On Sunday, Chicago Tribune columnist Steve Chapman indulged in every liberal pundit’s favorite pastime: Offering heartfelt advice to the Republican Party.
These columns are always worth seeking out, if only for their inherent amusement value. You read them and wonder if anyone actually believes that the writer genuinely cares about what’s best for the GOP.
According to Chapman, Republicans should fear one November outcome above all others: A Donald Trump victory.
“In that case, they wouldn’t be stuck with him for the next two months,” Chapman writes. “They would be stuck with him for the duration of his presidency, and they would have to answer for him forever.”
Chapman foresees a Trump presidency marked by the wholesale end of NAFTA, the “indiscriminate bombing” of ISIS, the return of torture, the internment of Muslims, and a drone strike against Mexico.
“The question is not whether Trump would make bad choices in the White House – only which ones and when,” he writes.
Having, er, “proven” his case, Chapman goes on to paint a brighter picture for the future of the GOP.
“Compared with these nightmares,” he writes, “a Hillary Clinton presidency would have all sorts of advantages. It would give Republicans a unifying focus, mobilize them to block liberal policies, open the way for new conservative leaders to emerge and offer the party a chance to rebound at the polls in 2018.”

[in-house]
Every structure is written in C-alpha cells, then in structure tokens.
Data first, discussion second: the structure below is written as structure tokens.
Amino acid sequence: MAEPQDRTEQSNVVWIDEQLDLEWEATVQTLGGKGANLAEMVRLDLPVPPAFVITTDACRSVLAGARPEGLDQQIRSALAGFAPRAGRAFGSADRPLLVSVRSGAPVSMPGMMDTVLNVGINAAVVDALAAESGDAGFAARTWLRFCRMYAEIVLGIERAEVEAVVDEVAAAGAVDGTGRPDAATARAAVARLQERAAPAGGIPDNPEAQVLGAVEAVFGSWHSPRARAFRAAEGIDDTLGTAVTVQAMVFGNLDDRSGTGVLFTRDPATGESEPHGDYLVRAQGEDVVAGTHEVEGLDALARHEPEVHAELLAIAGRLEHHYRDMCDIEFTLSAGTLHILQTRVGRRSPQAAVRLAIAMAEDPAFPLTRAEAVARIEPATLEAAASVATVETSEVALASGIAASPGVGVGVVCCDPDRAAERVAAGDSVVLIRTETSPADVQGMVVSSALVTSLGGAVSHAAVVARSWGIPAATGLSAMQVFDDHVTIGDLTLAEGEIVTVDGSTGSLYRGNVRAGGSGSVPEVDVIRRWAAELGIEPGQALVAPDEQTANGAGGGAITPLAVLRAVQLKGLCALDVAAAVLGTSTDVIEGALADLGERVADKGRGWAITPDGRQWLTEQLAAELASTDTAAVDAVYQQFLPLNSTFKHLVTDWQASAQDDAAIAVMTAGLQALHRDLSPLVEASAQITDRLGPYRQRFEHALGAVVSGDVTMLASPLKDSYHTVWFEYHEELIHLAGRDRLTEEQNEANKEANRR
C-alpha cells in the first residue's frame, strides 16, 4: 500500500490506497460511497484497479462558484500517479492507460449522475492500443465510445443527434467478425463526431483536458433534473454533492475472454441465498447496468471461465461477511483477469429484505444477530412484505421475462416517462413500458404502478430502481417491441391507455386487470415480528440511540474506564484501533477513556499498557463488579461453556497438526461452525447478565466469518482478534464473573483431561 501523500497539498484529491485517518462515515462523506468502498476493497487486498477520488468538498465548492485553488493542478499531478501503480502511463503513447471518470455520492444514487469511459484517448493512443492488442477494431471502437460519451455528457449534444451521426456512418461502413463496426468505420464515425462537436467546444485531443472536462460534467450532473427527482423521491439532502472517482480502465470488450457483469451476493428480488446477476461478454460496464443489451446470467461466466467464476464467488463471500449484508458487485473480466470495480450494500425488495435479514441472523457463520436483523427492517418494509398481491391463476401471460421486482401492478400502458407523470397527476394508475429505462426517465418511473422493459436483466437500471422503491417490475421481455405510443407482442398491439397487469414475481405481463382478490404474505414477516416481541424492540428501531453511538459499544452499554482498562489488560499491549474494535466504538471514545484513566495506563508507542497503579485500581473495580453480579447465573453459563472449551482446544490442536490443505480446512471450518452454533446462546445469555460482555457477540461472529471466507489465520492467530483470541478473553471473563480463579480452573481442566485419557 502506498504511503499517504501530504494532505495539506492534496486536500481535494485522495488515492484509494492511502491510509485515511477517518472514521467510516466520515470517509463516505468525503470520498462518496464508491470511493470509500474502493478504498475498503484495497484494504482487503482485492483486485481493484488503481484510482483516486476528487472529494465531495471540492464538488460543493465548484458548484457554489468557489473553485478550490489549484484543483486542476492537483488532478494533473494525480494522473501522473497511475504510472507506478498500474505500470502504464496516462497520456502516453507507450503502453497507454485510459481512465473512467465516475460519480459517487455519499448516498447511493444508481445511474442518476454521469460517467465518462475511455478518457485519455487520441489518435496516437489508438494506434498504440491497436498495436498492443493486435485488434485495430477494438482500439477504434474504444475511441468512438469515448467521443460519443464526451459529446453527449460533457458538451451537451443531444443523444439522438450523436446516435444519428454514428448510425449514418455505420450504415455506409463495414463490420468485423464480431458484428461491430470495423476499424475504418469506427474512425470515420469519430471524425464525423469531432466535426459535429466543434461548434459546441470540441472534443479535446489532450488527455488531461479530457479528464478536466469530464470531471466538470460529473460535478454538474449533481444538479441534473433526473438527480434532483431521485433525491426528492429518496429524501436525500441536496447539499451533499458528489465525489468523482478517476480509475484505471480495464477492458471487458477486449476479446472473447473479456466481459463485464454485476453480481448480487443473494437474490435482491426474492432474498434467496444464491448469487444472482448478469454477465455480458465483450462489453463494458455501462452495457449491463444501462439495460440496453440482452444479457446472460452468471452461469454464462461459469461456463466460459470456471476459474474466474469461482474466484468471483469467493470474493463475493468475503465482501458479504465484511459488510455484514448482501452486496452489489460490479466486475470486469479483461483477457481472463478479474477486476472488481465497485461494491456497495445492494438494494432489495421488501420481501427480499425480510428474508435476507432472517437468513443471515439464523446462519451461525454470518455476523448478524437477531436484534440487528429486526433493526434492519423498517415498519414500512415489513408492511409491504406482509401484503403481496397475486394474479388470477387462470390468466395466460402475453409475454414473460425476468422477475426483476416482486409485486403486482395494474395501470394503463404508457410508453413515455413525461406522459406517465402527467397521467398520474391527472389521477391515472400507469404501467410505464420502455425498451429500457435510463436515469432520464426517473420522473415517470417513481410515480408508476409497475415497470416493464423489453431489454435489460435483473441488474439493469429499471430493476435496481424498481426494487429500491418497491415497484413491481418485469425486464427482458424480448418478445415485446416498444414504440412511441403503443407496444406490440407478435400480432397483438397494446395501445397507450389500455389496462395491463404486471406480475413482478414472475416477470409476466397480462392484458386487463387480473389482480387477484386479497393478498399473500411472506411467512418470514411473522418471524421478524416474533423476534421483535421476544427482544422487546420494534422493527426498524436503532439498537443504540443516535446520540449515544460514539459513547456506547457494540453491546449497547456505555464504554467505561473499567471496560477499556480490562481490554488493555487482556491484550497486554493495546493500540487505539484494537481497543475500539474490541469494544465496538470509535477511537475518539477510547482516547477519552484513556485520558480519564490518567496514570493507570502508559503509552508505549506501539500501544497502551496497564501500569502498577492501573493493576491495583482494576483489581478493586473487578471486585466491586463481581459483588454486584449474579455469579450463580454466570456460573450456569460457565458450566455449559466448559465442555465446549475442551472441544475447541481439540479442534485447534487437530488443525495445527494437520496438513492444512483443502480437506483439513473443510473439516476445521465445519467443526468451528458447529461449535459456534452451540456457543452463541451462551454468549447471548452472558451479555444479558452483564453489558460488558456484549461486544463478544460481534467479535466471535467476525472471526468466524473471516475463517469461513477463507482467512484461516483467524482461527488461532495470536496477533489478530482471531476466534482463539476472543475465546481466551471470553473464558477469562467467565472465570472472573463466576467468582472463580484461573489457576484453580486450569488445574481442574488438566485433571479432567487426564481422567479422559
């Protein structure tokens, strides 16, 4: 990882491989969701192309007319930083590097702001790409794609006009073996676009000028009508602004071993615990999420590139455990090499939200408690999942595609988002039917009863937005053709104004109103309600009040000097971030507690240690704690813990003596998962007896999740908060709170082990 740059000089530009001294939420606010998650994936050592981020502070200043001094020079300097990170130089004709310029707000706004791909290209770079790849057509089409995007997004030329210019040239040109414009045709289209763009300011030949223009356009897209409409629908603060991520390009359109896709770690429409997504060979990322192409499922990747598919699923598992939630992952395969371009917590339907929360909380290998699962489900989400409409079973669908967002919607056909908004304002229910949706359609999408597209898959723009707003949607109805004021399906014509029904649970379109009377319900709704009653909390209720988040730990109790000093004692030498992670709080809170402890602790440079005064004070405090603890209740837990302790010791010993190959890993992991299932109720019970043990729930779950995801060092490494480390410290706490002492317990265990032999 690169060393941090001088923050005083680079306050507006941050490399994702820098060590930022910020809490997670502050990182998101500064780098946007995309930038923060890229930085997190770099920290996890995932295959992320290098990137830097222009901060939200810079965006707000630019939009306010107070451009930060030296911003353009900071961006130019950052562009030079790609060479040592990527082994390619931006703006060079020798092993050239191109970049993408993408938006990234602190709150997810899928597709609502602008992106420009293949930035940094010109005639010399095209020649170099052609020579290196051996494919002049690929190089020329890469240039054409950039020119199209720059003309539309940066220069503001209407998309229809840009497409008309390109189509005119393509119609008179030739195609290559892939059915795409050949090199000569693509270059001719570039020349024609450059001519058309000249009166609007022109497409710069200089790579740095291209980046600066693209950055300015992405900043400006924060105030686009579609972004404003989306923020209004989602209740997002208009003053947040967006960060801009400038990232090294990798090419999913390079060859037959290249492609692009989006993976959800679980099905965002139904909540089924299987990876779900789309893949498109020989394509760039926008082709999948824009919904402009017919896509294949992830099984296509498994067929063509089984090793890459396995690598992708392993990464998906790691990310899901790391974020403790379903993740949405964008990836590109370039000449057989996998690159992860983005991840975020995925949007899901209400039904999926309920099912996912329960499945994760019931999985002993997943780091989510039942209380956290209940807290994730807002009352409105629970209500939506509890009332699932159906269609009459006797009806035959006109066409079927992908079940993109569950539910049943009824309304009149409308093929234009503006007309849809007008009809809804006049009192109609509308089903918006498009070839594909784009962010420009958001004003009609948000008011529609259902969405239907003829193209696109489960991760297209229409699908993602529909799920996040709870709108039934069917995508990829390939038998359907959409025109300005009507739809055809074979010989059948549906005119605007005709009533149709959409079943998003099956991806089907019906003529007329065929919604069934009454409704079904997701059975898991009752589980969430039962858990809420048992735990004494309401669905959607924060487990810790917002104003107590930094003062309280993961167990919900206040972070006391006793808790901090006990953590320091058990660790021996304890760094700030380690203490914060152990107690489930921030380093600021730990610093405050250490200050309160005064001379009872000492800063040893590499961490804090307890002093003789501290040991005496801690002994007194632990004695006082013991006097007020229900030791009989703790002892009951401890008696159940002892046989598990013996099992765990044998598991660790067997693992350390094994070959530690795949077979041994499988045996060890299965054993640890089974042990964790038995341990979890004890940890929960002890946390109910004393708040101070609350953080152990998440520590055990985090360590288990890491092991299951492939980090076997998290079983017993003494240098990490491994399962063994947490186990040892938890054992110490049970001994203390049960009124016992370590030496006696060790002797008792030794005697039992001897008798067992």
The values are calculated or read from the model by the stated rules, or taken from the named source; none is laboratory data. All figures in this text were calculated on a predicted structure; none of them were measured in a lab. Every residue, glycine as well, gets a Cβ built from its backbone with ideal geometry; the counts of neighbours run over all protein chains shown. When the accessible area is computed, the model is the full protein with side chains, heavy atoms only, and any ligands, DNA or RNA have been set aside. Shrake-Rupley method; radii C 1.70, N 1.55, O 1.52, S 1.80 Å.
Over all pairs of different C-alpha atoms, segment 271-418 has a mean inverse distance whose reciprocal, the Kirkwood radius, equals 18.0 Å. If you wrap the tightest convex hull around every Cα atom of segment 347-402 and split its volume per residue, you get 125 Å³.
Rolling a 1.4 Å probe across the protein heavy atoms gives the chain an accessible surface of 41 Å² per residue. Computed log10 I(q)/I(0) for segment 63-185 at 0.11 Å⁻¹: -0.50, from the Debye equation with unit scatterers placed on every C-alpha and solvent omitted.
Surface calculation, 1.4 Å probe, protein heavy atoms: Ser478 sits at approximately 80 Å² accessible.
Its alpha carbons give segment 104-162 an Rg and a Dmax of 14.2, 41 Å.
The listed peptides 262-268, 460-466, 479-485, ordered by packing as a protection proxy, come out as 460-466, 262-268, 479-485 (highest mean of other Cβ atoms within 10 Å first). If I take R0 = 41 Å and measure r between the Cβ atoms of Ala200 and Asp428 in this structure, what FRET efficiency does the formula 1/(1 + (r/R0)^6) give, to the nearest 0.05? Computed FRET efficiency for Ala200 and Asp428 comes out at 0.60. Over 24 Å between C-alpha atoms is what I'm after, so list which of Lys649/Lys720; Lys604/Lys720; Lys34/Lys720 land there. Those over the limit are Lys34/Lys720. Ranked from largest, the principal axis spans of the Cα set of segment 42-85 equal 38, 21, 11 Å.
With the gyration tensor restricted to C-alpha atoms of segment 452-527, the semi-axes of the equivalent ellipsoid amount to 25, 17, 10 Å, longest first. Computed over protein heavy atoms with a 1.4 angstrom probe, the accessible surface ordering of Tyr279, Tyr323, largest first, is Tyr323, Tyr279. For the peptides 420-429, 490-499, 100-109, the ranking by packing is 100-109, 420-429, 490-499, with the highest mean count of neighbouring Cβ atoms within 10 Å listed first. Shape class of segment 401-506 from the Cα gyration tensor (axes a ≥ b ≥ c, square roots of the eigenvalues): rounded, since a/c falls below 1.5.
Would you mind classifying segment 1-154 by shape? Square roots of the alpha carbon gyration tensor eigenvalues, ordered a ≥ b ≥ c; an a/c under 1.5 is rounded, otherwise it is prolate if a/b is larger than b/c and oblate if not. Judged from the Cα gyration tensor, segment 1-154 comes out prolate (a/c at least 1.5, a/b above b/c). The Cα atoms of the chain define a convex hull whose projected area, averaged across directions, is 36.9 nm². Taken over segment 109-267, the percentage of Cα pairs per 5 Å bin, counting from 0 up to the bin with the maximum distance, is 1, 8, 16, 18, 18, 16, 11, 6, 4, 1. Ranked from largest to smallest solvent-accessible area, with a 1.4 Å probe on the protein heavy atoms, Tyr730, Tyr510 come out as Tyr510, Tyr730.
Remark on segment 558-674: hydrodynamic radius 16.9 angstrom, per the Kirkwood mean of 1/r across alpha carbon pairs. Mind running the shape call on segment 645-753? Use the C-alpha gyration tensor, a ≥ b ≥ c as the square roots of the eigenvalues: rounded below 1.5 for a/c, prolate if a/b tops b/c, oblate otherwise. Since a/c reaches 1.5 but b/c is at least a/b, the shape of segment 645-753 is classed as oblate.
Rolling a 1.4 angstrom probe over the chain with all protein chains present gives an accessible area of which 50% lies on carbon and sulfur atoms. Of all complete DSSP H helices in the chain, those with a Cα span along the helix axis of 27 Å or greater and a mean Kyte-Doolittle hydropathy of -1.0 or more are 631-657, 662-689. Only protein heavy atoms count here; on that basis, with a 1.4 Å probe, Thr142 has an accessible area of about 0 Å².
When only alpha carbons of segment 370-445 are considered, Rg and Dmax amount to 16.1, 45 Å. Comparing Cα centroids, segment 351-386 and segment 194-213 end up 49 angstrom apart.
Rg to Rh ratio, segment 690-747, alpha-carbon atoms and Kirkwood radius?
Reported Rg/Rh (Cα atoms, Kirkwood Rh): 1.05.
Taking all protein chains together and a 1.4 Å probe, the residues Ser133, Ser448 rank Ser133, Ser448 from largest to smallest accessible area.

If you are an official “NeverTrump” type of conservative, Chapman’s argument might make a certain sort of sense. Sure, a Clinton presidency would be bad, but we could just regroup and put her out of a job in 2020. Put a true conservative at the top of the ticket and reunite a fractured Republican Party at long last. It’ll be magnificent!
But to get excited about that prospect, you’d have to forget that we’ve just been through two elections where that exact scenario might have unfolded. Barack Obama’s terrible presidency did not unite Republicans; if anything, it deepened the fractures and created the chaos of the 2016 primaries. How would a Hillary presidency have the opposite effect?
Changes to the country’s demographics – hurried along by liberal immigration policies – are going to soon make it extremely difficult for any Republican to win 270 electoral votes. It’s not an exaggeration to say that, without some serious changes, 2016 might be the party’s last chance to take the White House.
If liberals want us to pass up that chance, you might want to ask yourself why.